Educational Zone #109 – Product Evaluation – Bullsbag Shooting Rests – pt. 1

At the last SHOT Show, I looked at some Bullsbag shooting rests. I spoke with one of their reps and he told me about how the bags worked. He asked me if I would be interested in doing a product evaluation on the bags.

I told him I would be glad to do so, but warned him that I would only tell the truth about what I saw. He assured me that was all he wanted.

I received three different models of their bags, and will show how they are used and how well they work in this two-part series.

The bags are meant to replace the standard benchrest set-up of a front adjustable rifle rest and a rear sandbag system.

I have used this type of system for over 40 years.

Here is my usual set-up.

I will be a pretty tough sell for changing to a new system, but let’s see how this one works.

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The first bag is the model they call the Bench Black/Suede 15″ Shooting Rest. It came filled with “cat litter” and weighs about 23 pounds. It has a convenient shoulder strap to help carry it to the bench. It lists retail for $104.95.-

Just as a side-note… Many may feel that this is a lot of money for a shooting rest.

However, my normal shooting rests presently lists for approximately $250 and the rear bag lists for around $30, so the system costs approximately $280.

That’s makes $104.95 sound a lot better.

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The Bullsbag system uses a novel system to hold the rifle snugly.

It consists of four “chambers” in an X-type of arrangement.

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By placing the rifle between the top two chambers, you can adjust the tension by how much you spread out the two lower bags.

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This holds the rifle very snugly and allows consistent shot-to-shot accuracy.

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 will try it out with my Accuracy International AE rifle, in .308 Winchester caliber.

This rifle is extremely accurate on the standard benchrest set-up that I normally use, so we will see if it will shoot as well on this bag.

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Here I am, ready to go.

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I will be shooting at 100 Yards, and this rifle will usually do less than a minute of angle at this distance with my handloads.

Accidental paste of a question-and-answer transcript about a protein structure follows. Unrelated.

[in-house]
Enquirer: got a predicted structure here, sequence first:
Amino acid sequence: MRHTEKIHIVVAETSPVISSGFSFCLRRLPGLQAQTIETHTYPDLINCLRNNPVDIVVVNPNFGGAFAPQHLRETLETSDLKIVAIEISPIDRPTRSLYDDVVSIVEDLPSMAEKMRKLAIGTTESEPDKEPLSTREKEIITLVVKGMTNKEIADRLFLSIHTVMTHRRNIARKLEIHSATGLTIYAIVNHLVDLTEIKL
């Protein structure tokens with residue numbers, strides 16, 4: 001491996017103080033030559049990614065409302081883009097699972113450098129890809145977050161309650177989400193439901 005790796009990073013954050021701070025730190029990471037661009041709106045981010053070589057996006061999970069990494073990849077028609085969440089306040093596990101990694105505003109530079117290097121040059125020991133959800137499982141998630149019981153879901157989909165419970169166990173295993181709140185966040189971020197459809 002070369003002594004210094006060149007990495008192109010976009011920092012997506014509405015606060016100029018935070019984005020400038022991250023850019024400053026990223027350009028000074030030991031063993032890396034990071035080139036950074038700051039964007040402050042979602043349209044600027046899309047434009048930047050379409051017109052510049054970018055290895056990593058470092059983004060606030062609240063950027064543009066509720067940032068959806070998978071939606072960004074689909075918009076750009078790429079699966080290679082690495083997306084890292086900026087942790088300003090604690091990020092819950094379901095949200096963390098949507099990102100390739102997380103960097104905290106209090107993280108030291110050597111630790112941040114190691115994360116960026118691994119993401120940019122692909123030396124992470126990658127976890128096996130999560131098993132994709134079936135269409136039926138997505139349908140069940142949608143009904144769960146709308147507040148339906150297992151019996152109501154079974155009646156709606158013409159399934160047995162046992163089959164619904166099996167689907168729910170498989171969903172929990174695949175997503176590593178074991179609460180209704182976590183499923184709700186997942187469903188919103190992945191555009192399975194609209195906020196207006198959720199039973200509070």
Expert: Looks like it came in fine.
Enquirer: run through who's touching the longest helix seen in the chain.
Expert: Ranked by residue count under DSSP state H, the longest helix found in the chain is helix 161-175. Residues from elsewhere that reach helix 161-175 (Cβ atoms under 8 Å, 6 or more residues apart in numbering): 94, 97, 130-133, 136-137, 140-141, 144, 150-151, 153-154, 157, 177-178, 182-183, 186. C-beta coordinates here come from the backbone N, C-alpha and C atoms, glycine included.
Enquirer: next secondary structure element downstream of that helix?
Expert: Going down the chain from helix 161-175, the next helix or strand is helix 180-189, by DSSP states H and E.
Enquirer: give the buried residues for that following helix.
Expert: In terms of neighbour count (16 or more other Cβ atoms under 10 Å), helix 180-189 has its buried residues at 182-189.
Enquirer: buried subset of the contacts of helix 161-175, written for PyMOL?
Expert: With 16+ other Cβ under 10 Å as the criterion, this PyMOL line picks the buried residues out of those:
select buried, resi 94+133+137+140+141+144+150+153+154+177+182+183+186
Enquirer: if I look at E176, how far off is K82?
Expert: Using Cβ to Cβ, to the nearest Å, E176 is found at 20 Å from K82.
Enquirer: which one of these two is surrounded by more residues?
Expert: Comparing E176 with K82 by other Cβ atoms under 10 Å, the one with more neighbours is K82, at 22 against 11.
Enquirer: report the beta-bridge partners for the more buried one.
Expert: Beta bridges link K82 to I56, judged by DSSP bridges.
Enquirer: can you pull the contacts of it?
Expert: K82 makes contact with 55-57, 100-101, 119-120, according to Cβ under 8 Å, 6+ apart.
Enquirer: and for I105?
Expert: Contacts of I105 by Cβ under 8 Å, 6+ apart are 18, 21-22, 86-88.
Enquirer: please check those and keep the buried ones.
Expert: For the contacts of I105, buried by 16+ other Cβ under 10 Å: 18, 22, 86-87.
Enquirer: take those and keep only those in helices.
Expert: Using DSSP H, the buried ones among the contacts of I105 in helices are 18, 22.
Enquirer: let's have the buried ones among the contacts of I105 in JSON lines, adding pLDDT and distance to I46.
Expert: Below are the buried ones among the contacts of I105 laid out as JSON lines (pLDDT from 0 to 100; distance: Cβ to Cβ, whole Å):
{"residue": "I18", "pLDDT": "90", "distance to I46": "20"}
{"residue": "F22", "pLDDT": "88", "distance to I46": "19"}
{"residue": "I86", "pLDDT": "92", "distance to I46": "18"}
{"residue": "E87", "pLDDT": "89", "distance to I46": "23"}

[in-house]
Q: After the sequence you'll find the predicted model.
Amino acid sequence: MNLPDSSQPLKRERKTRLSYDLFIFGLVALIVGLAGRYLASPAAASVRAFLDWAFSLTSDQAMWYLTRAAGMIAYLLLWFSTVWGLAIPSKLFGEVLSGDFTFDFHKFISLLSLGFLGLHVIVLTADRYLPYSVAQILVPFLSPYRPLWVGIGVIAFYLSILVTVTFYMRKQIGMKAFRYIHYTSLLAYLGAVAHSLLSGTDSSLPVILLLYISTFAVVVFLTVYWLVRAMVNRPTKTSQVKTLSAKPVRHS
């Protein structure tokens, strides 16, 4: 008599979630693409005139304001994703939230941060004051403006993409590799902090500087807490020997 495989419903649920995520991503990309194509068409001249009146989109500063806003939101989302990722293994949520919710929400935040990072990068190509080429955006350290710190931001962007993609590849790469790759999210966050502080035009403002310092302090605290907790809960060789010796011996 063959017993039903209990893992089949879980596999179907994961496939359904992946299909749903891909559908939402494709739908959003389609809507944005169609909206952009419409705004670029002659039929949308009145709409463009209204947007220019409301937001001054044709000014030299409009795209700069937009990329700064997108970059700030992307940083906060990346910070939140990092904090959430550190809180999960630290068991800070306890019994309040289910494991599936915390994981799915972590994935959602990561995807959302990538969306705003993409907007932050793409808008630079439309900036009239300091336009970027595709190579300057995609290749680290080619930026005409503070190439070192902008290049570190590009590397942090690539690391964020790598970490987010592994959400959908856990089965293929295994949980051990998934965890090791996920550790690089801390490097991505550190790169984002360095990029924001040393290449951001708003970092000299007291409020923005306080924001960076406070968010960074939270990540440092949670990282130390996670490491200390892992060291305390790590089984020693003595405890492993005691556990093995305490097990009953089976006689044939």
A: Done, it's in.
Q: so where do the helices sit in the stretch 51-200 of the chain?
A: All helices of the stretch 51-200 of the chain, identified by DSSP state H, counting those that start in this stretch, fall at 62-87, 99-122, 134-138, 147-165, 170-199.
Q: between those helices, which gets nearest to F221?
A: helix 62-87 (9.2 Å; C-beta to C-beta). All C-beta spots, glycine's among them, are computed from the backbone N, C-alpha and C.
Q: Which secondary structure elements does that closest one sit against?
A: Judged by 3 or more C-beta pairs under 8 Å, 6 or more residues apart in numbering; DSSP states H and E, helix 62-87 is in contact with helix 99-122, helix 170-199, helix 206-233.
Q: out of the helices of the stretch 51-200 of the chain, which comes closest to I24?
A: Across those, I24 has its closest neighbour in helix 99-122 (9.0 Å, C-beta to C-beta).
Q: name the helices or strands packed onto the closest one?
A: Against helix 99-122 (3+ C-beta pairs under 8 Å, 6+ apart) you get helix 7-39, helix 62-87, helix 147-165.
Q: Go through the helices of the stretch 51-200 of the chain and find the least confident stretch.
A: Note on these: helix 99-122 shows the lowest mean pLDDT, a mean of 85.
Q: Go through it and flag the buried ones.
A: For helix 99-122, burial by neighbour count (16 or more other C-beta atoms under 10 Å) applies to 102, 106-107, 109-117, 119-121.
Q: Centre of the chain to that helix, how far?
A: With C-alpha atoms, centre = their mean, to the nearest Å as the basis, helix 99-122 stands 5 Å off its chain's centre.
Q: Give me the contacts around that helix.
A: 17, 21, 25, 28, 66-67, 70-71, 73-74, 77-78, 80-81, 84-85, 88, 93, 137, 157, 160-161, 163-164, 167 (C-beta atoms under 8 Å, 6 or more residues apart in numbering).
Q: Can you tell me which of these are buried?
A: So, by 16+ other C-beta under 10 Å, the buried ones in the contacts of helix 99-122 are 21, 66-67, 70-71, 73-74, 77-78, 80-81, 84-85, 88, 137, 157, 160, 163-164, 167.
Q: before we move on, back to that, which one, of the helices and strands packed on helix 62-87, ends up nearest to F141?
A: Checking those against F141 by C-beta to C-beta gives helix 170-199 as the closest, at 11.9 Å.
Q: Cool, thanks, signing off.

100 yards is still a long way away.

Continued below...

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And here’s the first five shots, including a cold bore shot.

A fine 3/4 inch group, and if I’d kept that flier in the group, it would have been a 3/8th in group.

Not bad for a cold bore group.

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The next model is their Field Tree Camo/Tuff-Tec 10″ Shooting Rest.

This rest is slightly smaller than the 15” Bench model, and is made for field use.

It retails for $57.95 and this one weighs about 14 pounds when filled with cat litter.

I will try my Remington 700 in .308 Winchester.

It is usually a very accurate rifle on my standard benchrest set-up, so we will be able to see how it does on the Bullsbag.

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Here it is, in the grip of the bag.

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And a view from the front.

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I found that I had to “get down” on the bench to really get a good view through the scope.

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Here goes, at 100 yards.

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Five shots through a cold bore.

A measured 3/4 inch for 5 shots. Not bad.

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Conclusion:
1. This system worked as advertised.

2. It is a good one-piece system for sighting in and shooting from a bench.

3. I believe it would especially be good for non-bench applications, such as in the field for shooting off a boulder, or a log, or even the hood of a car or truck, where a regular front and rear bench rest system would not be applicable.

4. They are easy to transport and give a good, steady rest.

5. Will I replace my old system with these bags? I don’t believe I will, as I have been using the two part system for 40+ years. But for field applications, this is a much better system

In part two, we look at a Bullsbag system that is designed especially for magazine fed rifles like the AR15 and for pistols. Stay tuned.

1 Comment on Educational Zone #109 – Product Evaluation – Bullsbag Shooting Rests – pt. 1

  1. I really like those targets are you using. Do you buy them or make them yourself.

    It appears the cross is 1-inch lines and the lines above and below are 1/2 inch but not really sure.

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